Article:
Angular leverages the idea of supporting at least one folder per Module/Component where your Typescript, template and style files live. However, Templates and styles in Angular can be written inline in the component itself but the recommended practice is to have separate files. This is a good idea for large single page applications. That said, the Angular templates are more of an enhanced version of HTML but with only Angular specific syntax (Things like ngIf or ngFor).

As already mentioned, new designers or developers would find it more easier to work with HTML templates and hard to work on JSX. Angular would be the perfect choice in such case. Also, If you or your team have strong object-oriented background and are not well-versed with JavaScript then it makes a lot of sense for you to go with Angular rather than other JavaScript based frameworks.

React : Developer friendliness and Ease of use

React wants you to build components instead of templates since components are most reusable and unit-test friendly. It relies on JSX which let you intermix your UI templates and JavaScript. But at the end of the day, you will feel like you are working on Javascript. Working with JSX gives you a big development boost because it allows React to show more useful error and warning messages.

Since your UI and JS Code can’t be separated in React, there is only one question regarding the use of styles.

When it comes to styles, you have multiple ways to start with:

  • Use webpack to extract your import ‘my.css’ statements into a stylesheet
  • or Use “CSS in JS” libraries

When it comes to a React project, it is more like the wild-west where you have a huge ecosystem of libraries and tools to complement your application. Personally, I really like that but it’s not always that easier for developers to make the right choice given they have plenty of options to choose from. Moreover, there are no defined rules or regulations with React. You got to choose something different every-time your application’s architecture is bound to change. This makes the scope of things going wrong very easily.

Vue : Developer friendliness and Ease of use

There is a reason why Vue is called as “the progressive web framework” because there are different features which affects the size of the application being developed. Vue also offers a CLI and packages that integrate with build tools like webpack. The most preferred way to write components in this environment is the single-file component a file with a template, a script and a style tag.

I have worked with few companies in past and the reasons they give when being asked about the reason for the selection of Vue was only that their developers found it easier to learn. Vue lessens the gap between junior and senior developers thereby making them well collaborate over the projects. It’s even good for the project as it gets completed with fewer bugs and better time to market.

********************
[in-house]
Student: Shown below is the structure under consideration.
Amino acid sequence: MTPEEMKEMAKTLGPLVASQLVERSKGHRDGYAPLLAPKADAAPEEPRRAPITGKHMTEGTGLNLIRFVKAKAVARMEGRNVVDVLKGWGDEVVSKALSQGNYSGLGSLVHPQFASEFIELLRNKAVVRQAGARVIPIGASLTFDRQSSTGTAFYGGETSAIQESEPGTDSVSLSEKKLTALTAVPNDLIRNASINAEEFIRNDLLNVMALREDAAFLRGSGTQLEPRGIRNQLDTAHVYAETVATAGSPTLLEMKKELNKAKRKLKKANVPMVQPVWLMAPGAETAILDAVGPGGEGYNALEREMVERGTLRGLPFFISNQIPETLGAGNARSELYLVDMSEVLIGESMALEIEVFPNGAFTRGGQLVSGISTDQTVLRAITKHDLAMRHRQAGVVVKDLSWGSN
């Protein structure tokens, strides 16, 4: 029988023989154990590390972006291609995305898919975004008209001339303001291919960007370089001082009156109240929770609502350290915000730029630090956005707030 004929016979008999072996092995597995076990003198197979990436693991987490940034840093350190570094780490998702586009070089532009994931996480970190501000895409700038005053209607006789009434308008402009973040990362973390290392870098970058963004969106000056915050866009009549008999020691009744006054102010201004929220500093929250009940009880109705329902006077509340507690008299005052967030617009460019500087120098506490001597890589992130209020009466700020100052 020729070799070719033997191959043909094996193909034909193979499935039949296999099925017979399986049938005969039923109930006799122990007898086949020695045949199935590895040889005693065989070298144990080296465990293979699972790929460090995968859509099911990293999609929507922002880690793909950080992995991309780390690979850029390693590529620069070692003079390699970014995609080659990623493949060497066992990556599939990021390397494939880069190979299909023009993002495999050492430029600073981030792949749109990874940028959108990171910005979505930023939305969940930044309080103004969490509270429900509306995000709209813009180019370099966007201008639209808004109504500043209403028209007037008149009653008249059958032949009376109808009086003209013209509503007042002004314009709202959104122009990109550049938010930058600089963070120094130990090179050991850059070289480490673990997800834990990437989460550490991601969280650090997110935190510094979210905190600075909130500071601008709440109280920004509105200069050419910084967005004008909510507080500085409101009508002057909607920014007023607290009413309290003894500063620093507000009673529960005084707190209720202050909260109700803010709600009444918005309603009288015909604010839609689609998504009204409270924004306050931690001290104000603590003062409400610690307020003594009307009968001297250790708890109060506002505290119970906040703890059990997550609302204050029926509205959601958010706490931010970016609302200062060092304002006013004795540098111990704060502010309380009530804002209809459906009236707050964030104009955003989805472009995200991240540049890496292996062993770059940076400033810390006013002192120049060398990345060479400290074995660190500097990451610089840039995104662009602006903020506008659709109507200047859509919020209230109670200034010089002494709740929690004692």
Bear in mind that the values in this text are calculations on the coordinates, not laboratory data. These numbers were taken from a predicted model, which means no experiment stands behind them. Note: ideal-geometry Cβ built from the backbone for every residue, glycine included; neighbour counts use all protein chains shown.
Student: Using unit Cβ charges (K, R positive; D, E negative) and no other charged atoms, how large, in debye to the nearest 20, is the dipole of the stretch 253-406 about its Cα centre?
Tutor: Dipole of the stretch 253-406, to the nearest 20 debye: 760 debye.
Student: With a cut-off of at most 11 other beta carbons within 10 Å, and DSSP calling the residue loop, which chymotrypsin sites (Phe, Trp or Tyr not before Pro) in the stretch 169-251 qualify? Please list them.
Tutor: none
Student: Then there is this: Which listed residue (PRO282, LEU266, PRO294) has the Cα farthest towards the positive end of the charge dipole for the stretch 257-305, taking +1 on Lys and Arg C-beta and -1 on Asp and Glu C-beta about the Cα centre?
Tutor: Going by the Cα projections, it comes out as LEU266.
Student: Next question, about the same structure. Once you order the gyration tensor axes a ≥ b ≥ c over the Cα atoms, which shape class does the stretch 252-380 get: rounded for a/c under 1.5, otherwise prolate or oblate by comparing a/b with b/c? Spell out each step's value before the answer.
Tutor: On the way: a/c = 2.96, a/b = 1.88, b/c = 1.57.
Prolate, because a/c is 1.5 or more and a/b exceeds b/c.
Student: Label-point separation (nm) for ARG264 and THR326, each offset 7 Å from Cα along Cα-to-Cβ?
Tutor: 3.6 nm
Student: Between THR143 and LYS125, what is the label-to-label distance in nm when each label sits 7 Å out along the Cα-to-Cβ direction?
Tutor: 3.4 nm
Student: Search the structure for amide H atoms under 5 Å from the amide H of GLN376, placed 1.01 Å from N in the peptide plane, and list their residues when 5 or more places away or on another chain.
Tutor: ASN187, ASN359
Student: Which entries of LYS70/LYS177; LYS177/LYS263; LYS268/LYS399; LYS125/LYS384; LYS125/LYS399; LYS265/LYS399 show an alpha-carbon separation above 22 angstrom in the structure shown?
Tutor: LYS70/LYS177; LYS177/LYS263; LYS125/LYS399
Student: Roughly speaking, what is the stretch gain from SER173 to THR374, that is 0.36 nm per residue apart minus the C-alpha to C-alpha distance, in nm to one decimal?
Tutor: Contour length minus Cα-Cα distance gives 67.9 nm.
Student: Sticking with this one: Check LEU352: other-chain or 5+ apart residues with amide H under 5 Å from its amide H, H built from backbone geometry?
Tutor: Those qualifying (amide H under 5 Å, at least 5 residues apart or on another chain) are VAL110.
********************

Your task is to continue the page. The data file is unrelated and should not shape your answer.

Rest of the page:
Testing and Debugging (How good are testing and debugging aspects of the framework?)

Testing and Debugging in Angular

Testing: You can unit test your applications in Angular by testing your Typescript component classes. Angular components can be also integrated and tested using Mocha and Karma. Jasmine is most widely used testing framework for Angular applications. Here is a great series of Video by Juri Strumpflohner about the testing strategies with Angular 4.

Debugging: Angular developers need to dig down deep into their Angular application’s source code for debugging. This often deals with debugging the internals of Angular to understand the underlying model. As a result of which it can be a major source of frustration, especially for the developers who have just started with the framework. However the bright side of it is that once the process of debugging is understandable, it’s more easier for developers to debug as the error messages have become more clearer and informative starting with Angular

Testing and Debugging in React

Testing: Facebook recommends Jest to test the React code. Here is a comparison between Jest and Mocha — and there is an article on how to use Enzyme with Mocha. Enzyme is a JavaScript testing utility used at Airbnb (in conjunction with Jest, Karma and other test runners). If you want to read more, there are some older articles on testing in React (here and here).

Testing and Debugging in Vue

Testing: At present, Vue lacks any significant guidance on testing, but Evan wrote in his 2017 preview that the team plans to work on this. They recommend using Karma. Vue works together with Jest, and there’s also Vue test Utils.

Debugging: Debugging in Vue is made easier in the same way you debug any other web application. You can leverage developer tools, breakpoints, debugger statements etc. to debug your application source code. There is also this Vue.js devtools so that you can debug Vue applications with ease.

Server-Side Rendering (Does the framework supports server-side rendering?)